A tip from David Underdown about the Railway employment records available on Ancestry has enabled me to find out more information about a number of men already featured on this blog:
- Gordon Aston (date of birth 6 May 1885) worked as an Extra Clerk for the London and North Western Railway, initially at Ettingshall Road & Bilston (where he was an apprentice) from 26 August 1899 and then transferred to Deepfields on 1 April 1902. On 1 May 1907 he was transferred to the Goods department at Tipton, and again to Albion Goods department on 20 January 1908. He resigned on 15 February 1908.
- Harold Bellingham became an apprentice in the fitting, turning and erecting trade on 4 June 1908, for a term of 6 and 3 quarter years. He was based at Wolverhampton. However, he left the Company’s service and was marked off the register on 6 July 1912.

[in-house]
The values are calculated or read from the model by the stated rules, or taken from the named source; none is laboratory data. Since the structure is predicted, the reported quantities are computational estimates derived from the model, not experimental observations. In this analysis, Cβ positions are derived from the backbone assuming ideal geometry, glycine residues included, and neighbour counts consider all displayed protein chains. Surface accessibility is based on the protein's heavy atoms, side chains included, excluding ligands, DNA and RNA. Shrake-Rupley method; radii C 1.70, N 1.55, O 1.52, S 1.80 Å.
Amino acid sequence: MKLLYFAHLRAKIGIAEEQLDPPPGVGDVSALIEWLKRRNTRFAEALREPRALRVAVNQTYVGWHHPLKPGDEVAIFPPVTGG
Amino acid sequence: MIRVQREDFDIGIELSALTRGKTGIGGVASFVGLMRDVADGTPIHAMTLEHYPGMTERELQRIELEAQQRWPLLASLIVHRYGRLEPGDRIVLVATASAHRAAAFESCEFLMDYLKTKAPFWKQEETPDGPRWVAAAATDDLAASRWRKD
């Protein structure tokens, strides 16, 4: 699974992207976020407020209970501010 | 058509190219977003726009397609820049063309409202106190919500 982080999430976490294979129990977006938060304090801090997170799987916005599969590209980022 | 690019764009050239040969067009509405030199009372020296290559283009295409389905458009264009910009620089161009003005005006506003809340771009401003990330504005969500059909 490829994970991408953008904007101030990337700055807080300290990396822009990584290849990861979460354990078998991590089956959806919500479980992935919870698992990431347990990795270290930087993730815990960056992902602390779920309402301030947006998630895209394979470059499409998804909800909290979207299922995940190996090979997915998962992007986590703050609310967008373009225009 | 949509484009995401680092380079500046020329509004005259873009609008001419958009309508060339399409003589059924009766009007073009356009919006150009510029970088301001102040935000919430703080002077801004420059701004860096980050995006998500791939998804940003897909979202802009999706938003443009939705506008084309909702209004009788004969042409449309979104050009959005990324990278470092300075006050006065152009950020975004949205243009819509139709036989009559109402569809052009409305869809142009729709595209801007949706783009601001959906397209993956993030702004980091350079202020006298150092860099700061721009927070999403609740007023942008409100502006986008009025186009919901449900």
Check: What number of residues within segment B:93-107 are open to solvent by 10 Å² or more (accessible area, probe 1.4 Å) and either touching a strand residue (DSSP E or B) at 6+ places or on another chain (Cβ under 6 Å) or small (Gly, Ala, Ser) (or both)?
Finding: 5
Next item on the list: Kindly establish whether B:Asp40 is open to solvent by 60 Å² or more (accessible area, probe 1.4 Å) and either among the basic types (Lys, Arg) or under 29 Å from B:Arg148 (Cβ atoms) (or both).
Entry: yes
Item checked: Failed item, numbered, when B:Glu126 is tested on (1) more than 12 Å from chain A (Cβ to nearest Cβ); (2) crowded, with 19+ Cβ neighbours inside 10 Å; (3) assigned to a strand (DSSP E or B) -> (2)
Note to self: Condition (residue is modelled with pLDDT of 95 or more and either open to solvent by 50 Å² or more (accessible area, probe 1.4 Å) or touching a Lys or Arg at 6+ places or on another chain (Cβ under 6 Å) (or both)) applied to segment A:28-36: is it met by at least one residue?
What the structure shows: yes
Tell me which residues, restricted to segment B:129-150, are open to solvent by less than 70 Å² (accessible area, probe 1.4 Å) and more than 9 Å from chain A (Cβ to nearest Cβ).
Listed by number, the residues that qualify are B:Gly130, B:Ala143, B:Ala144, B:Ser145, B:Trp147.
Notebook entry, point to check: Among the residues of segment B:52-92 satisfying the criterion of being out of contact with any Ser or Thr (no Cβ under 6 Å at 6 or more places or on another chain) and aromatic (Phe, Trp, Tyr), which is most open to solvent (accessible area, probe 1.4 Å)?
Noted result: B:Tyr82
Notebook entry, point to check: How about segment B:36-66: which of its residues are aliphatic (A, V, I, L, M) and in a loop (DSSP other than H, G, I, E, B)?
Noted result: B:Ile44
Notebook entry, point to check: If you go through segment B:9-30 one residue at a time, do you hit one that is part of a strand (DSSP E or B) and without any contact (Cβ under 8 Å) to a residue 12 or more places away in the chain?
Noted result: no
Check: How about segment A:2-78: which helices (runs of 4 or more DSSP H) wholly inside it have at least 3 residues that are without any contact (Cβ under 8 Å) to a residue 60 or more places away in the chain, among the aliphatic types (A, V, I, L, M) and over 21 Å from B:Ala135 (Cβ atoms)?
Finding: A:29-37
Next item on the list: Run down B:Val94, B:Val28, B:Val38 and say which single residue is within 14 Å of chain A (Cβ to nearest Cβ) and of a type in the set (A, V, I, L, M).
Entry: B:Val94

- Albert Bowyer (born 7 December 1896) was employed as a clerk for the Great Western Railway from 8 March 1911 at the Goods department at Birmingham station.
- Alfred Duckworth (date of birth 8 June 1895) worked as a cleaner for the Great Western Railway from 13 September 1911 at Oxley Station, until he left voluntarily on 15 August 1914. Whilst there, he had an accident in 1913 when a lamp fell and cut his head.
- There was a whole group of men working as engine cleaners for the London & North Western Railway at Bushbury, including:
- Charles Evans, who worked there from 25 July 1912 until he resigned on 10 August 1912. He also worked as a cleaner for the Great Western Railway from 3 October 1906 until he left on 14 June 1907.
- Joseph Green , whose date of birth was 1 March 1893. He worked at Bushbury station from 20 December 1909, and worked there until 1926 (with a break while he was on active service in the War).
- James Shaw, whose date of birth is given as 28 December 1893. He worked from 17 July 1913 until he took up active service.
- William Westwood (middle name Henry and born 4 December 1883), who worked there from 19 February 1900 until he resigned on 27 May 1904. In the course of his time there he was suspended for two days on 3 October 1900 for “striking a lad in the shed”.